Australia & New Zealand

Australia- Sustained high inflation will prompt rate hikes in 2023

The RBA today stuck to its guns by predicting that rates won't rise until 2024, but our view that inflation will remain higher for longer means it will happen in early-2023 already.
Marcel Thieliant Senior Japan, Australia & New Zealand Economist
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Australia & New Zealand Economics Weekly

Omicron could add to inflationary pressure

If Omicron were able to evade existing vaccines, a renewed period of lockdowns would be required which would force the RBA to step up its bond purchases. Inflation would fall initially as crude oil prices would continue to weaken, but disruptions to transportation networks coupled with continued strength in goods demand would add to the upward pressure on goods prices. However, for now the activity data suggest that the economy is roaring to life after the recent lockdowns and we’re sticking to our above-consensus GDP forecast of 5% for next year.

3 December 2021

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Australia International Trade (Oct. 2021)

While it’s early days, the October trade figures suggest that net trade will turn into a drag on GDP growth yet again as imports rebound after the end of lockdowns.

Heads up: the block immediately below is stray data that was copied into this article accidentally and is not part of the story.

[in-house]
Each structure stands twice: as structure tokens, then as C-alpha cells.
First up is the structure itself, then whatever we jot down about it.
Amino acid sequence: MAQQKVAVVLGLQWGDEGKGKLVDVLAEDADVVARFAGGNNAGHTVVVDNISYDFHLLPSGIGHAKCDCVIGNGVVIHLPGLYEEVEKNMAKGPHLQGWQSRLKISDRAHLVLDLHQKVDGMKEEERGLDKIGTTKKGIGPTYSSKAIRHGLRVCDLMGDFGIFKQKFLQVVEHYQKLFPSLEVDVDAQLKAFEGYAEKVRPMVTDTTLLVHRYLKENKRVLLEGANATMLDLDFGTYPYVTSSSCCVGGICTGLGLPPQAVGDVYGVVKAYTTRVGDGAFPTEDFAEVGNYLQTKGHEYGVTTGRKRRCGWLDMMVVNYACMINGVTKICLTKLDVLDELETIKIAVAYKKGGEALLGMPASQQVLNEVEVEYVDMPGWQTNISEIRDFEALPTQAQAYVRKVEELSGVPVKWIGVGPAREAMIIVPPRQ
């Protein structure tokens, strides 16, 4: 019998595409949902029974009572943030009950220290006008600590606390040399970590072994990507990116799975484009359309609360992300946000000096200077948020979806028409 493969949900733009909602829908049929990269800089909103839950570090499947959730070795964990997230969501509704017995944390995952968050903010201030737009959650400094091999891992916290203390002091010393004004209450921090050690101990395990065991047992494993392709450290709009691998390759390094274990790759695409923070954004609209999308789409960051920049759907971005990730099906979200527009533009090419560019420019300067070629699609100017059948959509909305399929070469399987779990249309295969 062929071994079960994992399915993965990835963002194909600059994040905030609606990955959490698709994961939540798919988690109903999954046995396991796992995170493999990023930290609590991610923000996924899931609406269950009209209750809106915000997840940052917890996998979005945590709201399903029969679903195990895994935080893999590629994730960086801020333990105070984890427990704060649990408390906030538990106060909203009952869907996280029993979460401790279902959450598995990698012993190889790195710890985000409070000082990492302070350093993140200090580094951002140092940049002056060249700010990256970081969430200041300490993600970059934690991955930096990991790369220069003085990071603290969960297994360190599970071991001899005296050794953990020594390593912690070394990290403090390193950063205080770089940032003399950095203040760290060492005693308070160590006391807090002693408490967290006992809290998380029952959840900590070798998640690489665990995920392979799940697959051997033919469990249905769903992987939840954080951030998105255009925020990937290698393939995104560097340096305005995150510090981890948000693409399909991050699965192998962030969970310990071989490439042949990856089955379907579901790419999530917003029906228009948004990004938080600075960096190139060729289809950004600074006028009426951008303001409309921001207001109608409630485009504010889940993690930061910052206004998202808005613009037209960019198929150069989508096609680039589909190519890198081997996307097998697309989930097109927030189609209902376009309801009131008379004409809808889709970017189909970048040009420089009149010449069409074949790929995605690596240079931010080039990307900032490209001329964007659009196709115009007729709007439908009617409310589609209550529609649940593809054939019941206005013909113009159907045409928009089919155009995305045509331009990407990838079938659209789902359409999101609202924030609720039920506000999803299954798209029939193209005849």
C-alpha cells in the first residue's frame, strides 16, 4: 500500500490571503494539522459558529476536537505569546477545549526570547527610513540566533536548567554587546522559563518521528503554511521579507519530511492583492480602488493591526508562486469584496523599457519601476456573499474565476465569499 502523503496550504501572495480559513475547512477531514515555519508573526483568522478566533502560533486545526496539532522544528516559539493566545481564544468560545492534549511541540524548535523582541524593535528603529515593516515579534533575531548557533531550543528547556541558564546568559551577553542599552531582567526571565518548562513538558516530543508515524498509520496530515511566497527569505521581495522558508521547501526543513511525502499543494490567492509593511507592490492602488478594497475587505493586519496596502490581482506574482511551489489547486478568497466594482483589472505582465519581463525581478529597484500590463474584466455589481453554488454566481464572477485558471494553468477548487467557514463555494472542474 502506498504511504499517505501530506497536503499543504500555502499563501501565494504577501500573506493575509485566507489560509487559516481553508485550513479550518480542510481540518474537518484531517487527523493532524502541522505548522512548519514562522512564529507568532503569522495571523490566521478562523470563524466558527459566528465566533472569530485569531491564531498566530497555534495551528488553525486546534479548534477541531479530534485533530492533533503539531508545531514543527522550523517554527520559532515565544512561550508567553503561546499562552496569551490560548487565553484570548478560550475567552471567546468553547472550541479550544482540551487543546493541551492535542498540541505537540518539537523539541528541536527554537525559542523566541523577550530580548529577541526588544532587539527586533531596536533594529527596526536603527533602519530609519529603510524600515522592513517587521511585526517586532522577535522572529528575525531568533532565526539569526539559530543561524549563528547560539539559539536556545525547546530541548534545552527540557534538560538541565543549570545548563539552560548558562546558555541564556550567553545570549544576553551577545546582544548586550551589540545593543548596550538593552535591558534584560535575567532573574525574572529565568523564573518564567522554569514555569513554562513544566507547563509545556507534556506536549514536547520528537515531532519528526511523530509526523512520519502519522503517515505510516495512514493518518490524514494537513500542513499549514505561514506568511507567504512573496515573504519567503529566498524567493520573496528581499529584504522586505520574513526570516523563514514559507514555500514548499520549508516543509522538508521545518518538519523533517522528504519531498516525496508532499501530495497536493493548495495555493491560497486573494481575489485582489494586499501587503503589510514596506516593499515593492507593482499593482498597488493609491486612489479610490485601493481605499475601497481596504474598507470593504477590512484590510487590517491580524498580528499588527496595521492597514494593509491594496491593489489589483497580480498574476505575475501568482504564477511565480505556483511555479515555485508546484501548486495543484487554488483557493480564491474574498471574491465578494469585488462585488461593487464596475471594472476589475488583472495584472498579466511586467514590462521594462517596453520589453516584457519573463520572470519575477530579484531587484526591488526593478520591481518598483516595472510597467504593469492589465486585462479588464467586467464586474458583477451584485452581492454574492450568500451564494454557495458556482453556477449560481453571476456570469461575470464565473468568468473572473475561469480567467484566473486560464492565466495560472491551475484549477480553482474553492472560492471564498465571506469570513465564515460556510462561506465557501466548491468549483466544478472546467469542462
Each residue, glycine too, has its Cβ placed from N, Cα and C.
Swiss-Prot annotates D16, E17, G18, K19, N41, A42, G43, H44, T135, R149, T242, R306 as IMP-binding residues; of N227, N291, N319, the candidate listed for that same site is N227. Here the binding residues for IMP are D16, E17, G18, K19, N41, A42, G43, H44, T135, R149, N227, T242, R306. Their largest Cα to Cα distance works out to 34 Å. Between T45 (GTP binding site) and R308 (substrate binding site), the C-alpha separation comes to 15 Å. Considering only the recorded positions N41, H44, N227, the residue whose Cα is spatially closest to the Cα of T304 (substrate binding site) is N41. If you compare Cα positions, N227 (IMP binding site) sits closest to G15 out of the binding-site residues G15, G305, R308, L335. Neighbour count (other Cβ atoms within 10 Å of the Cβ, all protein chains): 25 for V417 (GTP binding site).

2 December 2021

Australia & New Zealand Data Response

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Housing demand remains very strong, but rising interest rates and lending restrictions should result in a further slowdown in house price growth next year.

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More from Marcel Thieliant

Australia & New Zealand Economics Weekly

Soaring food and energy prices to keep inflation high

The spike in rural commodity prices should spill over into higher food inflation before long. And while the impact of higher energy commodity prices is less clear cut, we think electricity inflation is also set to rise. That’s why we think headline inflation is set to ease less sharply than the RBA anticipates next year. Amid early signs that soaring consumer prices will result in stronger wage growth, we expect the RBA to hike rates in early 2023.

1 October 2021

Japan Economics Weekly

Supply shortages set to hold back manufacturers

Production of motor vehicles and electronics fell sharply in August and is well below pre-pandemic levels. This isn’t mainly due to weaker demand, which has moderated but remains healthy. Instead, it seems to be driven by mounting material shortages. Those shortages will probably persist for a while yet, posing a downside risk to our upbeat forecasts for 2022 GDP growth.

1 October 2021

Japan Data Response

Tankan (Q3 2021)

The latest Tankan survey was stronger than most had anticipated, supporting our view that the economy will recover rapidly as the Delta wave has ebbed. However, there are mounting signs that the recovery in the manufacturing sector will be hampered by supply shortages.

1 October 2021
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